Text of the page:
Aditya-L1 will be placed in a halo orbit around the Lagrangian Point 1 (L1), which is 1.5 million km from the Earth in the direction of the Sun. The Visible Emission Line Coronagraph is the largest payload on Aditya-L1

Bangalore: The Visible Emission Line Coronagraph (VELC), the primary payload of Aditya L1 - the first space based Indian mission to study the Sun, set for launch on Saturday - will be sending 1,440 images per day to the ground station for analysis on reaching the intended orbit.

VELC, "the largest and technically most challenging" payload on Aditya-L1, was integrated, tested, and calibrated at the Indian Institute of Astrophysics' (IIA) CREST (Centre for Research and Education in Science Technology) campus in Hoskote near here with substantial collaboration with ISRO. Aditya-L1 will be launched by PSLV-C57 rocket on September 2 at 11:50 AM. It carries seven payloads to study the Sun, four of which will observe the light from the Sun and the remaining three will measure in-situ parameters of the plasma and magnetic fields.

Aditya-L1 will be placed in a halo orbit around the Lagrangian Point 1 (L1), which is 1.5 million km from the Earth in the direction of the Sun. It will revolve around the Sun with the same relative position and hence can see the Sun continuously.

"From the continuum channel, which is the imaging channel, an image will come -- one image per minute. So approximately 1,440 images for 24 hours, we will be receiving at the ground station," Aditya L1 Project Scientist and Operation Manager for VELC Dr Muthu Priyal said.

She said, IIA will host the VELC Payload Operations Centre (POC), which will receive raw data from ISRO's Indian Space Science Data Centre (ISSDC), process them further to make it suitable for scientific analysis, and send it back to ISSDC for dissemination.

"Also a unique software has been developed by IIA to detect automatically the occurrence of coronal mass ejection and the time it happened, which will be provided to science community within 24 hours -- whether it is directed towards the earth or whether it is a very energetic event, if the speed is high, will it hit the earth or not, etc -- all those information will be made available," she added.

According to IIA officials, 190 kg VELC payload will send images for five years, which is the nominal life of the satellite, but it could last long depending on the fuel consumption, etc.

K Sasikumar Raja of IIA further said, out of four channels the continuum channel will run independently and send 1,440 images per day, while the other three spectroscopy channels will also give images, but that is dependent on how the observer wants.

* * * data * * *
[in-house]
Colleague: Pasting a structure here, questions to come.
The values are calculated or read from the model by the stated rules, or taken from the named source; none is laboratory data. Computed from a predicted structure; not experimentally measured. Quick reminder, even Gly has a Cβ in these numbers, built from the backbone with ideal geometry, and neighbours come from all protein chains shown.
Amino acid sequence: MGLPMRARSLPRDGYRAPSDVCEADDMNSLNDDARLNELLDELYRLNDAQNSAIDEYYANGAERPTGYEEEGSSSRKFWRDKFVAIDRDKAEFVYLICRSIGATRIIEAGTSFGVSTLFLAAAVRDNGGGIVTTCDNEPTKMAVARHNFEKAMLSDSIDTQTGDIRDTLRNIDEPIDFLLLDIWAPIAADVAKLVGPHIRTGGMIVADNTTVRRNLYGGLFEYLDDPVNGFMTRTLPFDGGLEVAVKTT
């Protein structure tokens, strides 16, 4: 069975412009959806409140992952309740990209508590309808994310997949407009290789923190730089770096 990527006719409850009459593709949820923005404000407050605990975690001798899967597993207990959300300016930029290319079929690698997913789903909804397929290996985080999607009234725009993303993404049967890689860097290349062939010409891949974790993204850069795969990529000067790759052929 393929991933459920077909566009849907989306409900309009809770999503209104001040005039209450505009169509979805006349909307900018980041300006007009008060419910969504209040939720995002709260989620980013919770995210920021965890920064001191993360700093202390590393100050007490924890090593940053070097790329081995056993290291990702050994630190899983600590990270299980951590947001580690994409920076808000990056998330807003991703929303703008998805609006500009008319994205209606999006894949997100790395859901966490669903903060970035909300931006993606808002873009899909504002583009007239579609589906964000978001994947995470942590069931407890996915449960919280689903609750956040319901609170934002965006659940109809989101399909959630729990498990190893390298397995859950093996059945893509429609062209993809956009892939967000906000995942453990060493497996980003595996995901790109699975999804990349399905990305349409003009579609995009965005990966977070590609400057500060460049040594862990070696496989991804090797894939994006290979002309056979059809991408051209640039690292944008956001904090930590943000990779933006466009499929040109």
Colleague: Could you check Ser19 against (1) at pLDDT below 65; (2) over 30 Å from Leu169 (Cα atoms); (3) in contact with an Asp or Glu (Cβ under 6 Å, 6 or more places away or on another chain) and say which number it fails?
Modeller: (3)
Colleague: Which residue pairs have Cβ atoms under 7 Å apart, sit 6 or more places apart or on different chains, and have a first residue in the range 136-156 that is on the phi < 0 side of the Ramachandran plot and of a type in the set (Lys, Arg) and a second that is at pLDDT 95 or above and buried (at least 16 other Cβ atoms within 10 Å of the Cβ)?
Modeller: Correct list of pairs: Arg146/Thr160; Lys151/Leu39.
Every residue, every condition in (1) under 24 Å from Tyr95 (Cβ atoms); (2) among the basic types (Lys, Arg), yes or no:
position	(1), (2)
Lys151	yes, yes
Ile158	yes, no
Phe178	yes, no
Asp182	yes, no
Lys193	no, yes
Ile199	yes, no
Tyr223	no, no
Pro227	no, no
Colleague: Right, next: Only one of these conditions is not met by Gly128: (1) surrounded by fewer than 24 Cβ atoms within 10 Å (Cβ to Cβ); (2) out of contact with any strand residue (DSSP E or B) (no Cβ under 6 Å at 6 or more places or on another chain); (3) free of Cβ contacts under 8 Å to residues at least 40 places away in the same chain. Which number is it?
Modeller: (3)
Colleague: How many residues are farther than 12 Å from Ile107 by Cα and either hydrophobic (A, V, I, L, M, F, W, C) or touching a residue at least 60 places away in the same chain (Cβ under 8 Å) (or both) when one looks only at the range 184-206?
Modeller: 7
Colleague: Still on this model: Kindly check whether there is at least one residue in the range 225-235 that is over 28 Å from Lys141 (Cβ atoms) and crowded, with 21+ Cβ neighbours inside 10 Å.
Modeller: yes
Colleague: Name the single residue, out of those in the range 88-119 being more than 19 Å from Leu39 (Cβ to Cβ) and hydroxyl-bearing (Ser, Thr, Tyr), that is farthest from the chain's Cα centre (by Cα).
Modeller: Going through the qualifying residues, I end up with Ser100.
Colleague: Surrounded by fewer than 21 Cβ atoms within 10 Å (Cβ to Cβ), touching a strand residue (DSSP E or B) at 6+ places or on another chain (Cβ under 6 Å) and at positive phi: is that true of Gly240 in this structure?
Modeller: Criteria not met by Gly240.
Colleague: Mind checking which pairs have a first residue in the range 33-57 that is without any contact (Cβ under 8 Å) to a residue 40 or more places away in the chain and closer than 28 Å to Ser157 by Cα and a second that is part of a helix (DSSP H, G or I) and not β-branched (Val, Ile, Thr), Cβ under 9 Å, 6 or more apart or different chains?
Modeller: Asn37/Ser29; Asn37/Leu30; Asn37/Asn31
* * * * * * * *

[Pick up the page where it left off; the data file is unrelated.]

The IIA Scientists expect the first images to be available by February-end.

"The satellite is expected to be put into orbit in the middle of January and then we will do the test if all the systems are working properly and by the end of February we expect to get the regular data. It will take time and we have to test instrument by instrument. First we will test the smaller instruments, and the VELC's shutter will be opened last, by mid of February," Prof Jagdev Singh said.

Explaining the reason for opening the VELC's shutter last, S Nagabushana of IIA said, "we call it cross contamination. On reaching L1 orbit, the other payloads will be starting first, so that the outgassing coming from the other payloads, should not go and deposit on the primary mirror, which is very super polished and any deposition on the primary mirror will lead to scattering, which can mask the complete coronal mass, which is the field of interest." VELC is an internally occulted coronagraph, with 40 different optical elements (mirrors, gratings, etc) inside it that are aligned precisely.

The atmosphere of the Sun, the Corona, is what we see during a total solar eclipse. A coronagraph like the VELC is an instrument that cuts out the light from the disk of the Sun, and can thus image the much fainter corona at all times, IIA scientists said.

The main science drivers of Aditya-L1 are to understand the origin, dynamics, and propagation of Coronal Mass Ejections and to help solve the Coronal Heating Problem.

IIA's solar astronomy community is geared to calibrate and use data from VELC as well as other payloads on Aditya-L1 in the coming months to address fundamental questions about solar astrophysics as well as its impact on our daily lives. VELC can capture images of the solar corona closer to the Sun's disc than any other solar space observatory. This is because of the extremely accurately polished primary mirror, made by LEOS ( Laboratory for Electro Optics Systems) of ISRO, which reduces light scatter inside VELC.

It can take an image of the corona with high spatial resolution and at an extremely rapid rate (about 3 times a second) in white light and in spectral lines. IIA built India's first large-scale "Class 10" Clean Room at MGK Menon Laboratory, CREST, for assembling VELC, IIA officials said